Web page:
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Marathon Race Strategy

Thu, Mar  10, 2011 - By Chris Cook

With a marathon being such a long race, having a proper strategy can be quite effective at getting you close to the top steps of the podium.  However, don't expect a race strategy to be more effective than training and race preparation.  This is just another area to fine tune your preparation for your race.

The first step is to know every inch of your course.  If you are on a new course you haven't been able to preview, then study the profile and focus on a few major areas to get familiar with and start there.  I highly recommend some sort of preview of the course even if you can only see the final km, it's better than going in blind.  A common mistake is to use the time you have to simply preview the start.  In a marathon, winning the hole shot and the first 5km are not really that important.  Ideally try and ski the last 10km to the finish as this can be where the race generally unfolds, whether you are fighting for the top spots, trying to be the first in your group, or holding off a charging group.  On race morning check out the start set up and just look to stay out of trouble.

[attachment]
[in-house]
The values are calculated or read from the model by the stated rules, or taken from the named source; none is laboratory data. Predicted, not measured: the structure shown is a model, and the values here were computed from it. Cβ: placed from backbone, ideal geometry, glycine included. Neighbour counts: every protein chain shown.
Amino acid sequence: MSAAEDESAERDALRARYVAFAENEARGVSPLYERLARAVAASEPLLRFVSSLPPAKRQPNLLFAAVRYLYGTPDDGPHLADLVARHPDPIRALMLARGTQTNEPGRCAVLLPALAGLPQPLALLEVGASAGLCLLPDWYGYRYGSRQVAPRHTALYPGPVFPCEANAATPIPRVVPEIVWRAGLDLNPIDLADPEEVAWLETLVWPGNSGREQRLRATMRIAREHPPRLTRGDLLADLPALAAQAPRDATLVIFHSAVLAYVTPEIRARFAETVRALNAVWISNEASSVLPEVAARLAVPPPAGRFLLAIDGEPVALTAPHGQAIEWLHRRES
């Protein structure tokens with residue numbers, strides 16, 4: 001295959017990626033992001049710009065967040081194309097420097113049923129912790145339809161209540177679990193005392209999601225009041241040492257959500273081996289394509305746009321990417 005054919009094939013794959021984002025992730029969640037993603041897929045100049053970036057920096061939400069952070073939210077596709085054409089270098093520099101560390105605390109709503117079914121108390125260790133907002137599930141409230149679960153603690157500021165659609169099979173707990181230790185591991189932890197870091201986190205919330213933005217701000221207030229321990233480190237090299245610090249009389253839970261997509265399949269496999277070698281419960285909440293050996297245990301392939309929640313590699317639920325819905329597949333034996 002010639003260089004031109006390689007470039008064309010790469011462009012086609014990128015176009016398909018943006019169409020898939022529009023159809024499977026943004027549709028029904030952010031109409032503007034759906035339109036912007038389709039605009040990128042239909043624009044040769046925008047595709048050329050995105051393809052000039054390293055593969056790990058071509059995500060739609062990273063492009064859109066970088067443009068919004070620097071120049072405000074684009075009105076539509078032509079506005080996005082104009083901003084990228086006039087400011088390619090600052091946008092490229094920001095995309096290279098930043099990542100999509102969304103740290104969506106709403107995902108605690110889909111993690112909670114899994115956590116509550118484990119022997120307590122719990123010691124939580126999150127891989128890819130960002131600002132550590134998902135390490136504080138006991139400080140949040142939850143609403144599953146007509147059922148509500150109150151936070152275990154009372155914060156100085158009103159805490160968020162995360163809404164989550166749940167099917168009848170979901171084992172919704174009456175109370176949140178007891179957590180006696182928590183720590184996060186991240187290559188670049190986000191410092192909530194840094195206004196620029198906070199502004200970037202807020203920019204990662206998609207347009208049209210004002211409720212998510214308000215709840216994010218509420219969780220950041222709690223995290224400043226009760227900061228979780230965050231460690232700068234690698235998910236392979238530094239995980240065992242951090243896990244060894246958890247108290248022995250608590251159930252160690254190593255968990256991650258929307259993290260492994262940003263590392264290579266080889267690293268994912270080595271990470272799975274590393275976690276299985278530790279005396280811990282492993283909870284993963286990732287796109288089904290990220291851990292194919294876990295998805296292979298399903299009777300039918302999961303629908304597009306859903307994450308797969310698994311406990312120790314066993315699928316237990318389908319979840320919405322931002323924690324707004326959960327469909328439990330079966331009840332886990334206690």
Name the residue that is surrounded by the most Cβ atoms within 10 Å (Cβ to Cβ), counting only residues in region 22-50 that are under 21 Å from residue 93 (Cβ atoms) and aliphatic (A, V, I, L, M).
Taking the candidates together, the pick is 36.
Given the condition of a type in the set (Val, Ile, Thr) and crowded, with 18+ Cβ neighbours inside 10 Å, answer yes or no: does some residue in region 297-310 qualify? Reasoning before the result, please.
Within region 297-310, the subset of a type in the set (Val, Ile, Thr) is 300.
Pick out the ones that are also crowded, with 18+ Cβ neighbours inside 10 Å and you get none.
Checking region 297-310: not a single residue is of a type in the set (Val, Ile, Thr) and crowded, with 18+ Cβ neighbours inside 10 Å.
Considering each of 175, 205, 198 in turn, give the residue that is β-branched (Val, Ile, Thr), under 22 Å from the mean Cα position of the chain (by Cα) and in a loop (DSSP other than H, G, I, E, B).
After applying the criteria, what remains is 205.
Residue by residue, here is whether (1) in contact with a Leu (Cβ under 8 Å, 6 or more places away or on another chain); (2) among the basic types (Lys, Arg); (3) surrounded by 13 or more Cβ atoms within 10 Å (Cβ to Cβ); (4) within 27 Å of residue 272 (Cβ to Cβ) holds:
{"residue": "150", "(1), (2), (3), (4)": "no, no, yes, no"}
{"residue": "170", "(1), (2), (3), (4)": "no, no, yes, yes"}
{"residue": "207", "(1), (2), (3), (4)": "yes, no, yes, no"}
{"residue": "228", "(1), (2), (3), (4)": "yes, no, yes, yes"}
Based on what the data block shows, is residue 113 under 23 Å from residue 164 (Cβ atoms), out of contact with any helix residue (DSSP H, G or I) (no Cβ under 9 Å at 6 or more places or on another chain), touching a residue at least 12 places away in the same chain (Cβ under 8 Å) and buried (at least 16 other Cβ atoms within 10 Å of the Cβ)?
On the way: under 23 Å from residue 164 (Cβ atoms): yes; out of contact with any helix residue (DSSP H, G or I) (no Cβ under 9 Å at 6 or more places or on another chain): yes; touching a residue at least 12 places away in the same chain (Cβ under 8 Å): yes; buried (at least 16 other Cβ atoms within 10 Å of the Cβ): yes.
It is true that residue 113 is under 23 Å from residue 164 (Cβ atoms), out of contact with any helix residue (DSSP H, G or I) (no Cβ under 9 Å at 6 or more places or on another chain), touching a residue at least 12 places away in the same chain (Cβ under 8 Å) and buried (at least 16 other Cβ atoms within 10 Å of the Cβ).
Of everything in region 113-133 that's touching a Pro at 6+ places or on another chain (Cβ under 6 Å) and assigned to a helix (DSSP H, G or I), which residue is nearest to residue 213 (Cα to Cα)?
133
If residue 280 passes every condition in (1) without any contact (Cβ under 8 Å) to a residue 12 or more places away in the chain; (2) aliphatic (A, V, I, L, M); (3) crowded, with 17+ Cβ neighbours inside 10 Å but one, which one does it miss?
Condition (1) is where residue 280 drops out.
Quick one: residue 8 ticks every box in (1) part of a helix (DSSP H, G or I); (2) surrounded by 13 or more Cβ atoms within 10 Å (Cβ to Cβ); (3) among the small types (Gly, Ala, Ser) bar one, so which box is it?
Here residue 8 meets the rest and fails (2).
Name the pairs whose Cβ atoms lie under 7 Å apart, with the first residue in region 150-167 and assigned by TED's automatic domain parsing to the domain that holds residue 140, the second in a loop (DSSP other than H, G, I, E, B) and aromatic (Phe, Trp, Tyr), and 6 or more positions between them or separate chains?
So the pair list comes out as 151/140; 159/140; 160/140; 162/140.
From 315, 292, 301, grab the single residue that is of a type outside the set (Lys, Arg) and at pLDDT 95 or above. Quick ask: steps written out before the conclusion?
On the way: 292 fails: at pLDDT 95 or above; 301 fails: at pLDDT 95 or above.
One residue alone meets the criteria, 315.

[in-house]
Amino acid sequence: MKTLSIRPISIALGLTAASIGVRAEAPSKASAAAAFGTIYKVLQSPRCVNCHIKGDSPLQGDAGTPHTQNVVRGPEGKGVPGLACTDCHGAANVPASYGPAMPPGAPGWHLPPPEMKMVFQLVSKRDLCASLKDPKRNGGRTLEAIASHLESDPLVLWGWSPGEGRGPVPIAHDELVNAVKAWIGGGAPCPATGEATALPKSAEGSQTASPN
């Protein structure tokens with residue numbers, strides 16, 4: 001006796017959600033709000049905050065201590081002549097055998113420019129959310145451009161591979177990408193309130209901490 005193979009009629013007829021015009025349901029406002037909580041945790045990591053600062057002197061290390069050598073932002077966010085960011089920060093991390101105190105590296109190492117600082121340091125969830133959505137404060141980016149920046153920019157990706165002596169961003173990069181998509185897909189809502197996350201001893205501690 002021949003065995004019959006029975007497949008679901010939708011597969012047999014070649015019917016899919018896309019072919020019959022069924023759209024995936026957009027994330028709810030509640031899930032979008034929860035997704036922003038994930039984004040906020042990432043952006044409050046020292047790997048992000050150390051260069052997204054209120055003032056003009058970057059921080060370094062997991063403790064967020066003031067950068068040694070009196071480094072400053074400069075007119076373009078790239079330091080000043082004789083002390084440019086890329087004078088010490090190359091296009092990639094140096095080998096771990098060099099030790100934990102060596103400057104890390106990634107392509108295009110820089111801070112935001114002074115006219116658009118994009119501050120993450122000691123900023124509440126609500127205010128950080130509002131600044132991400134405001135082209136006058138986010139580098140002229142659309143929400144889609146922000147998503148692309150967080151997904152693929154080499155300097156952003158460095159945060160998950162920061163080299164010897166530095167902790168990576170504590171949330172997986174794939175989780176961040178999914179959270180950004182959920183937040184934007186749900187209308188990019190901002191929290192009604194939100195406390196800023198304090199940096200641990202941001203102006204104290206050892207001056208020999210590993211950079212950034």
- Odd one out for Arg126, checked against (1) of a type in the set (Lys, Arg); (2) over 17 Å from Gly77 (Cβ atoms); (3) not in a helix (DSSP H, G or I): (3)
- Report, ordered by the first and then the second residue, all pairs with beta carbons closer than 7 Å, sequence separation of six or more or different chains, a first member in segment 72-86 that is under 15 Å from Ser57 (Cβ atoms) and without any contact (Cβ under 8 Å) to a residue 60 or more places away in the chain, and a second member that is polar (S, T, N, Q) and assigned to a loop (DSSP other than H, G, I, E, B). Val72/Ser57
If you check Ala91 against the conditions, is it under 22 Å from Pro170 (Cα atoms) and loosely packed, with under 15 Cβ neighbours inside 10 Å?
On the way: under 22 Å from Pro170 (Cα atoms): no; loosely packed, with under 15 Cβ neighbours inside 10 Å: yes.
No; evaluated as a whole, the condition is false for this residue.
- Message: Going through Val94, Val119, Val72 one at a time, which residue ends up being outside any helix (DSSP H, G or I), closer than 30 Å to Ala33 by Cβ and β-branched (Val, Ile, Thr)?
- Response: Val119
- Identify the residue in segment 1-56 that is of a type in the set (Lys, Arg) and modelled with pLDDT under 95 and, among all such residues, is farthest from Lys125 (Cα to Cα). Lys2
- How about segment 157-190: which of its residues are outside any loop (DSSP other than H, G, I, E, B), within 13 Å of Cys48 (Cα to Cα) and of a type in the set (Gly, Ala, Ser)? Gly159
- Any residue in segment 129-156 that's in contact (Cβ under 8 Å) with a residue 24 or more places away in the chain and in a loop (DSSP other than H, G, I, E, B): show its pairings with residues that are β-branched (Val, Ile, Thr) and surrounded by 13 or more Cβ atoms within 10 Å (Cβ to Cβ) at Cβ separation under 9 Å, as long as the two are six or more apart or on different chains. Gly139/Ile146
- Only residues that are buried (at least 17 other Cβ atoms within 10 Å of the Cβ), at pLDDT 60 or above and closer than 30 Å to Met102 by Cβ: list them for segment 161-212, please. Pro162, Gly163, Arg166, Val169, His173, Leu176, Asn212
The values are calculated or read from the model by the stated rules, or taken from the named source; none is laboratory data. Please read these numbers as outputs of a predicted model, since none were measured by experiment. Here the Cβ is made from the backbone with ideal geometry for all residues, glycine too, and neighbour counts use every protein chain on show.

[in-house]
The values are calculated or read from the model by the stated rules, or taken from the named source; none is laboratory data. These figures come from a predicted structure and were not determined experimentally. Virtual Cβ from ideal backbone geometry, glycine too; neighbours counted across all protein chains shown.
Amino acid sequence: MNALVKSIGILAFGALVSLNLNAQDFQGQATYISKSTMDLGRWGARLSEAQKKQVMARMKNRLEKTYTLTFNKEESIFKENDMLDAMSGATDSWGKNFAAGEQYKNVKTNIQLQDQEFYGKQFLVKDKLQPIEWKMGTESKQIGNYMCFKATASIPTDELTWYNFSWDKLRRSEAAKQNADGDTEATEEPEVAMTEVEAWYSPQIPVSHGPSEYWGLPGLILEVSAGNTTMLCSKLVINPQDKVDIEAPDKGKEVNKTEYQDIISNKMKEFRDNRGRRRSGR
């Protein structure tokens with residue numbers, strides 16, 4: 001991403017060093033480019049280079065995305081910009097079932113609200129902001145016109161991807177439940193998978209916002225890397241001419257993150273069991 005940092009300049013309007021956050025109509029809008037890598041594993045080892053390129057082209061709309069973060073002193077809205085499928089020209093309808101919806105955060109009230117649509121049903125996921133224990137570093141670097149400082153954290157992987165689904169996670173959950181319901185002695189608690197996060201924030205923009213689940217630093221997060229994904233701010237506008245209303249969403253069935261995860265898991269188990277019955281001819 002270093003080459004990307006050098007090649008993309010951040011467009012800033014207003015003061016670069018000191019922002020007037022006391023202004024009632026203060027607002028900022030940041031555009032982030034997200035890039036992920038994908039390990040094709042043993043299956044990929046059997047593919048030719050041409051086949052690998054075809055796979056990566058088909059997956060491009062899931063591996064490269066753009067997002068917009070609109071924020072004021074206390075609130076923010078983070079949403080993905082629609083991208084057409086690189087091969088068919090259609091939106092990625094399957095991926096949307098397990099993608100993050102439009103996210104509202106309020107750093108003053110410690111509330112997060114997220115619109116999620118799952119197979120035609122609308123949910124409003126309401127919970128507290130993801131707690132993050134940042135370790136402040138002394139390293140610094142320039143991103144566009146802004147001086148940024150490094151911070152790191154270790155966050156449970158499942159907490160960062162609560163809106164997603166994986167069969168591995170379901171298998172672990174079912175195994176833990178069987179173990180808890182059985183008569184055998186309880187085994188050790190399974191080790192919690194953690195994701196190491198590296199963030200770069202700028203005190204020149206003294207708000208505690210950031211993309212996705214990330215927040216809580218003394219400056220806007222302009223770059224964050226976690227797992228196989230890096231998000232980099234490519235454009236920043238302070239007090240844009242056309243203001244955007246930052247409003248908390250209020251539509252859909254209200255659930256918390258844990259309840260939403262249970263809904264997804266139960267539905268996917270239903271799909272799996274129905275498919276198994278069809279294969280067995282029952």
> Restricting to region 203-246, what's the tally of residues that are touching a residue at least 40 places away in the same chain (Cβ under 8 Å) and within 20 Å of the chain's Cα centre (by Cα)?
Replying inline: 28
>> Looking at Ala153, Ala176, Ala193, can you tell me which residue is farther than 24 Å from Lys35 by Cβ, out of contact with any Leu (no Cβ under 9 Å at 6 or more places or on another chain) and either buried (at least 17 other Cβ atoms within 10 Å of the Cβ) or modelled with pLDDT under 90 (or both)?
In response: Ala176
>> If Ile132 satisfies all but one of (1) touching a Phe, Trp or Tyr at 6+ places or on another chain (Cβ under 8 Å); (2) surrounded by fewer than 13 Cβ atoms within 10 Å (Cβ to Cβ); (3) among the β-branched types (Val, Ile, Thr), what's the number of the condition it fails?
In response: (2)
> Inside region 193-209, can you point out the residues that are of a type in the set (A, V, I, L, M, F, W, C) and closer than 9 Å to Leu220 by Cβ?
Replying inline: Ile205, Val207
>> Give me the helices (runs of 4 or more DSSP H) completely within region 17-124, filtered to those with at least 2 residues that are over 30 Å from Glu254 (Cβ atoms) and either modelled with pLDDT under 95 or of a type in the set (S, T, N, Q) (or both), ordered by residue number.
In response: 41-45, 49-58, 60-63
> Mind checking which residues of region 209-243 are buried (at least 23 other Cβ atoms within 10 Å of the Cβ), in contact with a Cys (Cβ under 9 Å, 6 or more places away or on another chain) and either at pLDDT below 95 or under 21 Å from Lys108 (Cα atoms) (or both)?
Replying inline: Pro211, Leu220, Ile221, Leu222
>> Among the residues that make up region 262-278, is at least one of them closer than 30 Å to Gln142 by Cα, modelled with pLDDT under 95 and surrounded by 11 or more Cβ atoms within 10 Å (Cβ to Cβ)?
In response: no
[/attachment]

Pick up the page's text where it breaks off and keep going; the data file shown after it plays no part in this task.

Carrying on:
Next is to figure out your own strengths and weakness and apply them to the course.  For example, if you're a better skier on the flats, don't kill yourself going up hills, take a little off so you can charge on the flats where you are strongest.  Another common mistake is to charge on areas you're weaker and rest on areas of the course where you are stronger.   However, this shouldn't be mistaken as to fall off the group going up a hill but you should find your own rhythm keep the group close and once you get over the top, pick up the effort.  By skiing your own rhythm you will conserve all kinds of energy and at the end of the day that is pretty much what marathon racing is all about.  Conserving energy and skiing efficiently so you can pick up the pace in the end or continue a consistent high pace.

Finally, understand your competition.  It is a valuable tool to understand the racers in your groups strengths and weakness.  Is there a sprinter in your group, is there a climber, is there a breakaway threat?  If you don't know you may end of chasing down the wrong breakaways, wasting energy trying to hang with the best climber in the group, or dragging a sprinter to the line.  This is also where your race strategy needs to be flexible and adapt to the race.  Knowing that there is a racer that will try and break you on the hills, but if you can just handle the surges and stay close you can stay with them, or be aware that there is a sprinter in your group and you don't want to take the last 5km easy, because that's exactly what they want.

These are just the basics of developing a good marathon race strategy but if you use this tool you will be amazed at the success you will have.

Chris Cook, Steinbock Racing